“That boy is a fool.”

I got mad, I wanted to shush them, knowing fully well it would cause a scuffle. But later, I concluded otherwise, thinking you would pull through, because according to the report, you were being rushed to the school clinic. I dragged my feet until it was my turn to enter for manual course registration.

After I was done with the registration and another feet of students swooped past me in a hurry, I looked for Onyinyechi, she was nowhere to be found, I left. When I returned, I pulled off my shirt and was so much in a hurry to turn ON my data again. I followed the news from there, Ernest, Chibuike, Stanley and some lecturers had carried you from the school clinic and to a huge hospital in Enugu. The school clinic didn’t have enough medical appliances to wash off the poison from your system.

The afternoon heat turned to an evening of frost; I couldn’t concentrate. Every update proved you were still here, surviving. I went to your profile on Facebook, the only words there were of your friends, coming to marvel at your notes, such creative lines you were able to pull together even as you contemplated your departure.

On the comments section, some people wrote:

Whoever is close to this guy should reach him.

What is happening to him?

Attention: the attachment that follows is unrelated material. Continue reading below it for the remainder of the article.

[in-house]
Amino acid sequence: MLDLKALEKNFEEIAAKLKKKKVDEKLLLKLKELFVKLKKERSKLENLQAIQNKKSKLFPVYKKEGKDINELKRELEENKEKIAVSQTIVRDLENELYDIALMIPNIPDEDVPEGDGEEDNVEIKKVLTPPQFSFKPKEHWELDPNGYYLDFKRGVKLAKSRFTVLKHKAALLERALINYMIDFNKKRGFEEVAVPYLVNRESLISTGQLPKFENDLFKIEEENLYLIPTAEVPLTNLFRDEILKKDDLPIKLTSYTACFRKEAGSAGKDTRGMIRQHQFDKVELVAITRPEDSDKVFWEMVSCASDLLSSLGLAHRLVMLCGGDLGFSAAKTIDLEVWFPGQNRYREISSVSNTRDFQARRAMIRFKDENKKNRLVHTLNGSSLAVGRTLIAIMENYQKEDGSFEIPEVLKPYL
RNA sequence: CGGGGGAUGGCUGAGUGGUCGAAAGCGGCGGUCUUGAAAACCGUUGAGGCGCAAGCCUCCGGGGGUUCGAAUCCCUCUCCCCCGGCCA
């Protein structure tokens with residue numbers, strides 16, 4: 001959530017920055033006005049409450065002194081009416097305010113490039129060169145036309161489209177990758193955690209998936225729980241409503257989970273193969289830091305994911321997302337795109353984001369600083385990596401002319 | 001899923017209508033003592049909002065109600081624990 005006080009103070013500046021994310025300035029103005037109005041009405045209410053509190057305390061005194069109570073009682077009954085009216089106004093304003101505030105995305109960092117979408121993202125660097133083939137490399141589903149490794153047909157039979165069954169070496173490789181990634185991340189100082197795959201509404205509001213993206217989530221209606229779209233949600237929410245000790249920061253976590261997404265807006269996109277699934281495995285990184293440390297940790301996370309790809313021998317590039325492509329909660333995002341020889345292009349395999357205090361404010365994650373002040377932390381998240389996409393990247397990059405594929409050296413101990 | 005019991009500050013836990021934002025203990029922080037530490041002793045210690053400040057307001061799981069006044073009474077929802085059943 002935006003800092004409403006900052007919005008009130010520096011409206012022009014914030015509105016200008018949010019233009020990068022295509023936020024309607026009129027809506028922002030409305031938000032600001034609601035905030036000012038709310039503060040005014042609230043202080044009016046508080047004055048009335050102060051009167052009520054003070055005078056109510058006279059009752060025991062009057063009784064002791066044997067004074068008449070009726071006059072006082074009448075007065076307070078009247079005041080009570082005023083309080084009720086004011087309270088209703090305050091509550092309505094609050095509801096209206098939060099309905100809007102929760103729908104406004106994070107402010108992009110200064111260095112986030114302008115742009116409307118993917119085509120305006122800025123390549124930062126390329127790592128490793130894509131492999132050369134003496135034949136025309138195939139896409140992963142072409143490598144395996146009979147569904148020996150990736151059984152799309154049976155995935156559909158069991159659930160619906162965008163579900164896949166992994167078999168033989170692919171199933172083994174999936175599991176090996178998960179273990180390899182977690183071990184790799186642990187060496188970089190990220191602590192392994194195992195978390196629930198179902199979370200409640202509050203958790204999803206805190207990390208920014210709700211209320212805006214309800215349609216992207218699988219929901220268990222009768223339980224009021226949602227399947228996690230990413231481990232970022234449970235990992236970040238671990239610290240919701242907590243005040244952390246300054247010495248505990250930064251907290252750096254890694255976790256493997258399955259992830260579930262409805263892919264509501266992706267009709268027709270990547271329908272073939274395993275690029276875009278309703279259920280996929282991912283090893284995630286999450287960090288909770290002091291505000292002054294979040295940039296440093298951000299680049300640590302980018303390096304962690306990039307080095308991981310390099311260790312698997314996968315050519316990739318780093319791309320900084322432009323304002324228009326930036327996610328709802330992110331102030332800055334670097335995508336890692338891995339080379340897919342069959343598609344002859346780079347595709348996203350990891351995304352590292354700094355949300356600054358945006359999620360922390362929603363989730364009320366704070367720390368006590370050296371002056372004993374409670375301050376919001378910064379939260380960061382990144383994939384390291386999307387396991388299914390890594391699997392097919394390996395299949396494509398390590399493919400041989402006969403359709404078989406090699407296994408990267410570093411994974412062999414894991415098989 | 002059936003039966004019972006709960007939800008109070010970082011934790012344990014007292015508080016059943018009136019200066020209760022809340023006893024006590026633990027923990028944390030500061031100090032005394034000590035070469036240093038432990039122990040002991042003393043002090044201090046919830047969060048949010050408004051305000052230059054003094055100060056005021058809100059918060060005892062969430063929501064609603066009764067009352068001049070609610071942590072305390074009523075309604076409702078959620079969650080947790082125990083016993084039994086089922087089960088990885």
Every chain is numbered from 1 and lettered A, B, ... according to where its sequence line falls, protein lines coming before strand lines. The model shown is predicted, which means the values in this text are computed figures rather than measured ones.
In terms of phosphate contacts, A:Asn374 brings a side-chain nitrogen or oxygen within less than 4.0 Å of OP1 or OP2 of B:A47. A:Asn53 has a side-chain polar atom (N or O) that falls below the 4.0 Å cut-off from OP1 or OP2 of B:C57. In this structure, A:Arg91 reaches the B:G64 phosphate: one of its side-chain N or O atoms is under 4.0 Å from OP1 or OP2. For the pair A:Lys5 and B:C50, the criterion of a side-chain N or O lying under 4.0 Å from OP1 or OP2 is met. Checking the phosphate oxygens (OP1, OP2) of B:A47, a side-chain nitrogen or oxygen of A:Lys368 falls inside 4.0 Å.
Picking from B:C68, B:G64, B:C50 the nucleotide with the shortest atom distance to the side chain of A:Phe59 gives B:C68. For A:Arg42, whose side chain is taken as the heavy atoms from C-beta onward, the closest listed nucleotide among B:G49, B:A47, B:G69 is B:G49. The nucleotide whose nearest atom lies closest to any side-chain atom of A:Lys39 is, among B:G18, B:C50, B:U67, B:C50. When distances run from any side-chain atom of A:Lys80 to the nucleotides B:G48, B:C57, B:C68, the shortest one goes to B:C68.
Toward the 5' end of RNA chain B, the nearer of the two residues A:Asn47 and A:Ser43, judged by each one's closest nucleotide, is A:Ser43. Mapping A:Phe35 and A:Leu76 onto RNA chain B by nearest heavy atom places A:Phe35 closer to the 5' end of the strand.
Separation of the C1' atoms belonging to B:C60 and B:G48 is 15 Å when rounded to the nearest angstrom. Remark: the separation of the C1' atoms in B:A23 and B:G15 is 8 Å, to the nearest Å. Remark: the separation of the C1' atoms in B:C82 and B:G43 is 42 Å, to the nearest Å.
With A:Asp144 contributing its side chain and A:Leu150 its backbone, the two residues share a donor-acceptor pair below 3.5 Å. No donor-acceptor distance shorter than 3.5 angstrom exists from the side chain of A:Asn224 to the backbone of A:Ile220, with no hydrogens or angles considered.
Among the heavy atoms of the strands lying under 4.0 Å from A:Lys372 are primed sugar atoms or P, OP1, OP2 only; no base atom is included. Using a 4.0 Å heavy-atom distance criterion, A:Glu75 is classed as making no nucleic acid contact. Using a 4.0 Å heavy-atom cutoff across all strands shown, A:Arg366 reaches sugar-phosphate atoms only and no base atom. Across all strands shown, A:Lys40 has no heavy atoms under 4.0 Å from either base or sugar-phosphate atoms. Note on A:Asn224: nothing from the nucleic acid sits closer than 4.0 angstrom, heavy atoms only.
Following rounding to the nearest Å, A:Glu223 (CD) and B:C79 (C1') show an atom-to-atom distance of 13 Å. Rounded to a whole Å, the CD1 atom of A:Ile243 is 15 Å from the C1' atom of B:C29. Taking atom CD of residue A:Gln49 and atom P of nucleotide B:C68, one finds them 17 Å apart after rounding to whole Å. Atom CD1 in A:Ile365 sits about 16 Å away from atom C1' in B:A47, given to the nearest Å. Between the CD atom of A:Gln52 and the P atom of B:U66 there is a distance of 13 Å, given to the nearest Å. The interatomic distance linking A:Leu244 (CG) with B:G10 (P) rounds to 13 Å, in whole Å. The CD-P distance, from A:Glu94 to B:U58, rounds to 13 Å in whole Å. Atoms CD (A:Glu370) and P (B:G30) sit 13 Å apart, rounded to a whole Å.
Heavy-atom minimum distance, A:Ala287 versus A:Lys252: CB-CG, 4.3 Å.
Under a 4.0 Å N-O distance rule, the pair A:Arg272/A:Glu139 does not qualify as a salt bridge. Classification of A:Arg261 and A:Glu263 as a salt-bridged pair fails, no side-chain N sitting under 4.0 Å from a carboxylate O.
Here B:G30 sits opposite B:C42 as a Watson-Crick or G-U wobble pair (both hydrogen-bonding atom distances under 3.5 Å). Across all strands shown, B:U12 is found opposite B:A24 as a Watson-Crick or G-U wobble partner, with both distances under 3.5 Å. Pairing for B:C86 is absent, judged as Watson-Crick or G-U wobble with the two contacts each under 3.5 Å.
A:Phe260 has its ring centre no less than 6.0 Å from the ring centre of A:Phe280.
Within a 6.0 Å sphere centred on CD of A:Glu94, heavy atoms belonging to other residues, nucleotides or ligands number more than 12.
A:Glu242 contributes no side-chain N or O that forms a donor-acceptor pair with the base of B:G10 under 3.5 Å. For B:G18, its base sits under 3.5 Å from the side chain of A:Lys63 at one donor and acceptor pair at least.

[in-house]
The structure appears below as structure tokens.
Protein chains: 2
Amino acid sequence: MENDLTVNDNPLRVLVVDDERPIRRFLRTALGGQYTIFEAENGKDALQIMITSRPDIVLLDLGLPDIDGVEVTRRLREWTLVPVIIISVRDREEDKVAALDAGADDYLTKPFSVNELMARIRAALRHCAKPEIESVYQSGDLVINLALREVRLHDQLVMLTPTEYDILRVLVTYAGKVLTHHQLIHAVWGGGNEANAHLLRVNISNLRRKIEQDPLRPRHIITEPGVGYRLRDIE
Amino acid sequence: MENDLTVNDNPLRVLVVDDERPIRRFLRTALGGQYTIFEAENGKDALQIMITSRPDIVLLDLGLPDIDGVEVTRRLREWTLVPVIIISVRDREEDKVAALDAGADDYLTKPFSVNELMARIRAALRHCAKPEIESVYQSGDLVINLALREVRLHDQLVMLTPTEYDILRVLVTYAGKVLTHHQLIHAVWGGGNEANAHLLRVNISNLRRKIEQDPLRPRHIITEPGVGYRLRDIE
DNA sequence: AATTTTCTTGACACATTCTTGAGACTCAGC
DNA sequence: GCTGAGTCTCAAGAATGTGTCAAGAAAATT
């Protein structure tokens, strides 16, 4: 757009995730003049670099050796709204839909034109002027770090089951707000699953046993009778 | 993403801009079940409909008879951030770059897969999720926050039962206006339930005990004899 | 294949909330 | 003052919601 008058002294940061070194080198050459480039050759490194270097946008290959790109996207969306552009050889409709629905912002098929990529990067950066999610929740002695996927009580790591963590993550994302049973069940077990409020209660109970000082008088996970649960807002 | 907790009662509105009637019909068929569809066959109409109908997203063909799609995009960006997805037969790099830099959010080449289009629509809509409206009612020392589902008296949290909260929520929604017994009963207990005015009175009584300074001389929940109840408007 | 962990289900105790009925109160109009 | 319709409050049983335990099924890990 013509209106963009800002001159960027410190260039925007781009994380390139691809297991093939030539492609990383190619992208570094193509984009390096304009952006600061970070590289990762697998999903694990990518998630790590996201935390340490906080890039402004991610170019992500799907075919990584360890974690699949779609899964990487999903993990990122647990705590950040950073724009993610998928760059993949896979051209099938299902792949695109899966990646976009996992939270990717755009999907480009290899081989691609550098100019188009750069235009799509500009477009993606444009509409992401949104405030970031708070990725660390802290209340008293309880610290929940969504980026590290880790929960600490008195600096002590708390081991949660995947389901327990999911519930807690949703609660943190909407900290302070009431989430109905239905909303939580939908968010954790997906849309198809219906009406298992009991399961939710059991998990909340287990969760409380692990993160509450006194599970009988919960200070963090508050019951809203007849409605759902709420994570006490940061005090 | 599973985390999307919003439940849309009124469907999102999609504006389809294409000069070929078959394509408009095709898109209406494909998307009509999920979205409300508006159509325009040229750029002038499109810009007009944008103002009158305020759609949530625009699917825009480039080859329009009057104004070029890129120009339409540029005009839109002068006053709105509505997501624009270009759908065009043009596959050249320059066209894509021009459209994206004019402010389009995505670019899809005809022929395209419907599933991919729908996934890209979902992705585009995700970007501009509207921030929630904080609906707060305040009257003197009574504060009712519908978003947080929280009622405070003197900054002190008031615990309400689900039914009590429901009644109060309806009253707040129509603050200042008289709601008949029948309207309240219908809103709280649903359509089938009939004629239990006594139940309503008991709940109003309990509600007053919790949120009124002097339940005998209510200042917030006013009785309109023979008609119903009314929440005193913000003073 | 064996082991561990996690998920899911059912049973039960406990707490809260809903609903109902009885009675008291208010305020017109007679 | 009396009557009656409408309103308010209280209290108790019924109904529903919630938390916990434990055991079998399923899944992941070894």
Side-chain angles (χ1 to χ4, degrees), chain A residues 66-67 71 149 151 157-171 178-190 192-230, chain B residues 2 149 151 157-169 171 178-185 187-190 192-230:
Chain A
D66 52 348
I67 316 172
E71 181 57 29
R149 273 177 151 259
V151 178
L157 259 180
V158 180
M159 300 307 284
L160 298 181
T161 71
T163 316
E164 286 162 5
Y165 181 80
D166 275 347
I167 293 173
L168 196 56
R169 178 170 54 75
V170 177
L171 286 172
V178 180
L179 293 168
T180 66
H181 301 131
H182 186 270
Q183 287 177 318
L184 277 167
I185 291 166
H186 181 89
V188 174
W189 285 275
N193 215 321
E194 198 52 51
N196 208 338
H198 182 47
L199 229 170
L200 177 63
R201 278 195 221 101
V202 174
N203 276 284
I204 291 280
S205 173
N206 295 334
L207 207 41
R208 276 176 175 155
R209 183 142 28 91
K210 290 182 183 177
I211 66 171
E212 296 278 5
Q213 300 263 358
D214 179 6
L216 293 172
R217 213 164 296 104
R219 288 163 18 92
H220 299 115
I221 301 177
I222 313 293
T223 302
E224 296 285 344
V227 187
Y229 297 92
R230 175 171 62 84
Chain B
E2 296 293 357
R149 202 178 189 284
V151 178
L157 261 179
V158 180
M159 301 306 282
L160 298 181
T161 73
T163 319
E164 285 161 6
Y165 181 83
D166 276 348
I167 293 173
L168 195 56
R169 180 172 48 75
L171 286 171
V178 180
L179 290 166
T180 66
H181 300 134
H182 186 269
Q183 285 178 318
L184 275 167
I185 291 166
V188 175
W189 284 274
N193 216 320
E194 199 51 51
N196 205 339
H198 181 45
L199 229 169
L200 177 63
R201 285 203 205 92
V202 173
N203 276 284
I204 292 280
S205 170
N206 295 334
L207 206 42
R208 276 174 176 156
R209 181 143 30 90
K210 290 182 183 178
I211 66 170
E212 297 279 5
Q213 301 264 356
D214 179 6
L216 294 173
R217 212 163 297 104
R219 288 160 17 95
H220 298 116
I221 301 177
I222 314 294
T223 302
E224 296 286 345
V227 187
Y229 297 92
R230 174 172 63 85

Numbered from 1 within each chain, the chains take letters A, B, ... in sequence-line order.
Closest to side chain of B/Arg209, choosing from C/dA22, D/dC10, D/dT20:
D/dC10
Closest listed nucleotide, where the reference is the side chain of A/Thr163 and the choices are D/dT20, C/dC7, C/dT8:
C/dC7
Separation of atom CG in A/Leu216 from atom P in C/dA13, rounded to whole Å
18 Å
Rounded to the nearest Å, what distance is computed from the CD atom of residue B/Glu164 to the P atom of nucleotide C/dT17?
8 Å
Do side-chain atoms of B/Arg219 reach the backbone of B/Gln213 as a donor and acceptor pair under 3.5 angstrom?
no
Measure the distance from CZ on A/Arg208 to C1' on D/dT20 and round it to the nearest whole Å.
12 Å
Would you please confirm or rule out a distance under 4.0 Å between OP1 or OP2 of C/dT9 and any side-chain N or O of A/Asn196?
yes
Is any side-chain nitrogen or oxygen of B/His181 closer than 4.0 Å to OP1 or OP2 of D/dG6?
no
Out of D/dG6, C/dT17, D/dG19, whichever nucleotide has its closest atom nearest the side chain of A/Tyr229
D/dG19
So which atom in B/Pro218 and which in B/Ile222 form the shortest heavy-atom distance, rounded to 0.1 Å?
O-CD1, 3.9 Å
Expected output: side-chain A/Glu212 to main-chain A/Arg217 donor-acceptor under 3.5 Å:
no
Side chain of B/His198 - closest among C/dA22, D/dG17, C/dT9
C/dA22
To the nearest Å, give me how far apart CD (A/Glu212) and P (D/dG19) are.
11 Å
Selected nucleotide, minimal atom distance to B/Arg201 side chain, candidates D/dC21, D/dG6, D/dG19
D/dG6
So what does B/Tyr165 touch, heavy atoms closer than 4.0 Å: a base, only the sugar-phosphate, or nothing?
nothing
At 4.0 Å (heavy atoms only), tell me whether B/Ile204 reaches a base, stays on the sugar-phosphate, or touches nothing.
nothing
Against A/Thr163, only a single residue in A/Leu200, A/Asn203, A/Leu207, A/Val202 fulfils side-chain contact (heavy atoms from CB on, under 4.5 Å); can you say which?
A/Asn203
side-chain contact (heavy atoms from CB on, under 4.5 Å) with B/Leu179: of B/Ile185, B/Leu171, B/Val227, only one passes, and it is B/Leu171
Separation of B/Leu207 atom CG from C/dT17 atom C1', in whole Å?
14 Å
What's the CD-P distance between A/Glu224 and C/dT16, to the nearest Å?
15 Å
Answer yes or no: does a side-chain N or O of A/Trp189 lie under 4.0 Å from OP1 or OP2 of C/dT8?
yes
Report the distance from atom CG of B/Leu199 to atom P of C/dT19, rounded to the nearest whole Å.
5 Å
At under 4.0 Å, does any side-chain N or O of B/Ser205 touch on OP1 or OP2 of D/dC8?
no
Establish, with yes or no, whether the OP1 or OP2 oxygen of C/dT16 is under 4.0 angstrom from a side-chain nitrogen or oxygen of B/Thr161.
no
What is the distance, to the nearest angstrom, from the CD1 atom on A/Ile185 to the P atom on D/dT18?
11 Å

He is always seeking attention.
What would make someone want to do this?

Otosirieze obi young, please reach out for this boy.

I began to envisage Otosirieze Obi young’s tall gait, scooping you by his palms, his aquiline nostrils quivering to the putrefying odour of snipper and undigested food particles and saliva dripping from the corners of your mouth.
I scrolled with tears dripping my eyes. I felt I should cry my eyes out to maintain a perfect body temperature to the frosty evening, it was then that Stanley wrote: Let’s pray for Akachi, he is presently taking medication. He dropped.

My tears were doing it right up until 8:15pm.

Stanley wrote finally: Akachi, gave up! It came alongside crying emojis.

I ceased.

My pillow became a rivulet.

A day later, Jo Nketiah wrote you this:

What is the essence of saying more words since the last one I said couldn’t save you…

NWABUISI KENNETH feeds on fiction. He reads and writes from Nsukka, a small town in Enugu state. His works have appeared and are forthcoming on Brittlepaper, Kalahari review, African writer, Association of Nigerian Authors (ANA reviews 2021), Libretto Magazine and elsewhere.